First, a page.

Writing–especially writing and trying to sell large projects, like novels–is a clear-cut example of an area where self-motivation is essential. While this post is written especially for writers, the techniques I’ll talk about can be applied to practically any kind of project where self-motivation is needed.
Motivating ourselves to write can be hard: blank pages stare at us implacably, or we get 75,000 words into a novel and then realize there’s a basic flaw that will require a huge rewrite, or we’ll get dozens of rejection letters for every acceptance.
Writers generally need enthusiasm for a story to do a really good job of writing it, need to sustain their involvement in a project for months or often years, and need to be able to face rejection after rejection without giving up. Even very good writers typically see many rejections before they sell their work (Stephen King, when he started his career, put a big nail in his wall and spiked each of his rejection letters on there as he went. Fortunately, it turned out well for him in the end, although he collected hundreds of rejection letters before he really got off the ground). Self-motivation is tough in this kind of environment. Here are some tools for maximizing it. These notes can be useful to any writer, but they’re mainly written with fiction in mind.
Pick Your Project Very Carefully
A certain kind of writer tends to write whatever they’re most passionate about, regardless of length, genre, marketability, and so on. Another kind of writer tends to write whatever seems to be the most salable, whatever the market seems to be crying out for. A third kind of writer tends to follow some particular pattern dictated by their writing practices, being propelled neither by passion nor by saleability but by process. All of these approaches have their good points, and each can have real drawbacks under certain circumstances. The approach I would suggest is different from all of these: it’s to put extra effort into brainstorming, then making a careful selection from the possibilities.
What I mean by this is that when it’s time to start a new project–say the last project is finished, or has been scrapped, or needs to sit in a drawer for a while before you can get any perspective on it, or this is your first novel–instead of looking for an idea for a new project, you look for a lot of ideas for new projects, using a variety of methods to come up with them. Review ideas you’ve jotted down or the ones that have been in your head. Look at some of your favorite books and see what you like most about them. Sit down and brainstorm at least two or three ideas out of the blue.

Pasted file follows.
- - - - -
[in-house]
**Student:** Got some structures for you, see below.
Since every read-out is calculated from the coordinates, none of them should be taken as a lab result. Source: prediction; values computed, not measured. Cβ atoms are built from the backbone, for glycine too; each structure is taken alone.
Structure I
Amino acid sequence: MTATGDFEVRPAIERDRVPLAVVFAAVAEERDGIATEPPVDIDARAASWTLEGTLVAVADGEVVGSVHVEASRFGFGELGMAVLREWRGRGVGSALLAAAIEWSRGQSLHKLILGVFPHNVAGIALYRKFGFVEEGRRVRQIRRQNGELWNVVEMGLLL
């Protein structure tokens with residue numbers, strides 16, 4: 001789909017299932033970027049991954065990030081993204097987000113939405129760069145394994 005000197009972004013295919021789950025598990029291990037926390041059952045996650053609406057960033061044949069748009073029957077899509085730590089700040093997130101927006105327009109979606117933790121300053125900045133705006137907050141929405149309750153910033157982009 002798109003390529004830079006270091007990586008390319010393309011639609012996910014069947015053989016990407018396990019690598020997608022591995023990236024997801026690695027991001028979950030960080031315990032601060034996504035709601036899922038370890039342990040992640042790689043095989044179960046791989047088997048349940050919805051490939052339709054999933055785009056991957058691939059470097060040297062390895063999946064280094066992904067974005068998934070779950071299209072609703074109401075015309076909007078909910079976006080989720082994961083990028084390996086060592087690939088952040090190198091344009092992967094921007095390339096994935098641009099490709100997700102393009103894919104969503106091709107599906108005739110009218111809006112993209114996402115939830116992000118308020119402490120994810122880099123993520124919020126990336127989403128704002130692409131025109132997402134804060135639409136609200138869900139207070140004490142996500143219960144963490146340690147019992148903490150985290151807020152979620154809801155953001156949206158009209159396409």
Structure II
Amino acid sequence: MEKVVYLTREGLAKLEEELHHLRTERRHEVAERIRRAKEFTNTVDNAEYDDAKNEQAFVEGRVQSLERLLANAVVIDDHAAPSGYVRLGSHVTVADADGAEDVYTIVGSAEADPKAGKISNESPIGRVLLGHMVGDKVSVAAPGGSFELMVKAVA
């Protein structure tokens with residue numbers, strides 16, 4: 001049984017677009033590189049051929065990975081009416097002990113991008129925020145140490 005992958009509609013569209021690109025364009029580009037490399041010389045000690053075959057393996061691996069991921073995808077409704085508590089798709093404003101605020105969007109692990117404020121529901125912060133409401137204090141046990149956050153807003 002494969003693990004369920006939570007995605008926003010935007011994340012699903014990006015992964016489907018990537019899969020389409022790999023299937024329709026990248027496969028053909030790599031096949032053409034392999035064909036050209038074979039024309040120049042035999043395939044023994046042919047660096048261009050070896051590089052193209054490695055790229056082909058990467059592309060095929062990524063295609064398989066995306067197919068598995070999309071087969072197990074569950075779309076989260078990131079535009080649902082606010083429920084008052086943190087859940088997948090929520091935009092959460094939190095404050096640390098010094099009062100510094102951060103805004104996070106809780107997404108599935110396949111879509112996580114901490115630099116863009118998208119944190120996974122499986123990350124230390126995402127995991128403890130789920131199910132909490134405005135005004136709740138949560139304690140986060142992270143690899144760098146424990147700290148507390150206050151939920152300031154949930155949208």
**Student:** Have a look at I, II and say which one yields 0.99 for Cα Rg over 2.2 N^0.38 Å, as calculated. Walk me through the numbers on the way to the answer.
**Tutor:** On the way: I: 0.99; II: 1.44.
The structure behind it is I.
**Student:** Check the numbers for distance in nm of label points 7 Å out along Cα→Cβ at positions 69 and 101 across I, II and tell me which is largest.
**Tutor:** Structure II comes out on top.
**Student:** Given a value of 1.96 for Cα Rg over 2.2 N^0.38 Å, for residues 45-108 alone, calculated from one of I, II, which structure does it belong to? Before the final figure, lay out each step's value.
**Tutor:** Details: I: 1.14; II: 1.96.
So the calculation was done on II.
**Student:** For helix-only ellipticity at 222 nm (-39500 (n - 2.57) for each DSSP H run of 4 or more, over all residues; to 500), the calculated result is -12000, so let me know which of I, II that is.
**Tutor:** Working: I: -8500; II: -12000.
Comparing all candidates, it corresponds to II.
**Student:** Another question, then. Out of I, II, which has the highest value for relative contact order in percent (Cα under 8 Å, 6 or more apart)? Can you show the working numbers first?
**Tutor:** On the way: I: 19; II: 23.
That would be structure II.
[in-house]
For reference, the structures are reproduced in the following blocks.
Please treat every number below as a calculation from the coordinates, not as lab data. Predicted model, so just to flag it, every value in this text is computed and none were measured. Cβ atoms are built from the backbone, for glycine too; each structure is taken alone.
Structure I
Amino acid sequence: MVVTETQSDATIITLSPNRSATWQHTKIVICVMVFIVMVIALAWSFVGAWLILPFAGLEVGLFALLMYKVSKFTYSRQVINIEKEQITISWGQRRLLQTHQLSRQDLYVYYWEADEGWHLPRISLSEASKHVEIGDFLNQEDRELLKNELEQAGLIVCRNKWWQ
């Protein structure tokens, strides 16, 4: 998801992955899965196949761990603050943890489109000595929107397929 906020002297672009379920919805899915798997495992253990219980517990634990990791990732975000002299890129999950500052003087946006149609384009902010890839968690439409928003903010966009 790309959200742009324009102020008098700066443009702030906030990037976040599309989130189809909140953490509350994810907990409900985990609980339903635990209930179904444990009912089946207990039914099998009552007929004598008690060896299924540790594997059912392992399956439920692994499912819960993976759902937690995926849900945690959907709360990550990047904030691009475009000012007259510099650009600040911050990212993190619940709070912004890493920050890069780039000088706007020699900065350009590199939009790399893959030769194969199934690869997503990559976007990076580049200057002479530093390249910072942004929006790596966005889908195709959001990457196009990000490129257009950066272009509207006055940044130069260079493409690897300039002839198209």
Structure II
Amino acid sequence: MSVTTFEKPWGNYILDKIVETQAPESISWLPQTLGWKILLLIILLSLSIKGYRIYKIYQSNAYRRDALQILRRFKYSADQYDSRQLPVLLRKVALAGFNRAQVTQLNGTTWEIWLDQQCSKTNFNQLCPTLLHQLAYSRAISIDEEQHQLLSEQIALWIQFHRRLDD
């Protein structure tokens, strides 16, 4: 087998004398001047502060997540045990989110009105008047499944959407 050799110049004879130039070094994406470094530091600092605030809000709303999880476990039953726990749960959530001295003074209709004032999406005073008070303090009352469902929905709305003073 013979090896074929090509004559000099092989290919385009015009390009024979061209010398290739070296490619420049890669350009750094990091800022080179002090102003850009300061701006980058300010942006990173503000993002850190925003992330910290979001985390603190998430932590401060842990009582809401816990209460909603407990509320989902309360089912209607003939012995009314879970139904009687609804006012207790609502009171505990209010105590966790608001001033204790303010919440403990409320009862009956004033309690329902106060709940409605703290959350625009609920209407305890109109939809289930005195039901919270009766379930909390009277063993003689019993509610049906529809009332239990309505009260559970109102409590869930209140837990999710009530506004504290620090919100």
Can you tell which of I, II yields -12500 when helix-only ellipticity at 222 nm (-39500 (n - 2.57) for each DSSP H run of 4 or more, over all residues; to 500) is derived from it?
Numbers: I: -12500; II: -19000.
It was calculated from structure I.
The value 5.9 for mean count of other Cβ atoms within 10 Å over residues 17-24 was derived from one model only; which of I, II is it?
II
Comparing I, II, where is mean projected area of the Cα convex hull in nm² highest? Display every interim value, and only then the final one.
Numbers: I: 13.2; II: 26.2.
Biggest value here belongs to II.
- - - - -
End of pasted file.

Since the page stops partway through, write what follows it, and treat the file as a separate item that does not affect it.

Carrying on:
But why go to all this trouble when you have an idea you already know you’re burning to write, or that you think will sell well? Because our first ideas are often not our best ones, and a little time spent picking the right goal can save a huge amount of time working on the wrong one. It’s well worth slaving away at this brainstorming phase for a few hours even if at the end of it you opt for the idea you were interested in in the first place, if for no other reason than to understand deeply and clearly exactly why that idea is the best one for you to work on. And many times careful consideration of possibilities will yield a much better idea than anything that would have come up on its own.
Then comes the choosing. Passion counts for a lot: it’s very difficult to make a reader passionate about a book that the writer wasn’t passionate about when it was written. But other factors should probably figure in too, unless you’re only writing for yourself. Marketability? If you really want to sell your work, it would be ill-advised to ignore this unless you’re of the opinion that it’s impossible to tell what will sell. So writing a vampire novel because you love writing about vampires isn’t a bad idea, and writing a vampire novel because they’re in demand (let’s suppose) can work out well, but by far the best reason to write a vampire novel is that you’re passionate about it and someone’s clamoring to buy that kind of thing.
This applies to any decision: we often try to make choices based on one overwhelming factor, like buying something because it’s the cheapest or because we’re enchanted with it. But any of our priorities we put aside when making an important decision will come back to haunt us later. If the cheapest item breaks long before the more expensive version would have, or if the thing we’re enchanted costs so much that we end up short on the rent …
But what does choosing well have to do with self-motivation? There are two key things: first, it’s not that helpful to motivate ourselves toward a goal we don’t actually want to reach. While even working toward a wrong goal can be educational, the same can be said of working toward the right goal, and the right goal has the additional benefit of paying off, which is an educational experience in itself.
Second, if we are working toward a wrong goal, sooner or later we will realize it isn’t something we really want to achieve (or we’ll achieve it, and the expected payoff will never materialize), and then we’ll be back to zero, with the sense that work gets us nowhere.
Always Keep In Mind What Excites You
Whatever gets you excited about writing a book is worth thinking about regularly. If you find your writing has turned into drudgery and you’re just trying to slog through until the end, you’ll have a lot of trouble motivating yourself and may not produce particularly great writing either (though there can be exceptions to that last part). If you hit this point, one approach that can propel you forward is to ask yourself “What would really get me excited about this project right now that I’m not already doing?” Kill an important supporting character, cause a disaster, give the protagonist what they’ve been striving for and see them realize that it isn’t their real goal at all, add a new character who churns things up … this is another case where more excitement for the writer tends to mean more excitement for the reader. All of this has to be kept in balance with your vision for the story, but if you can’t think of anything that keeps you excited about the writing and is consistent with your vision, maybe it’s time to rethink the vision.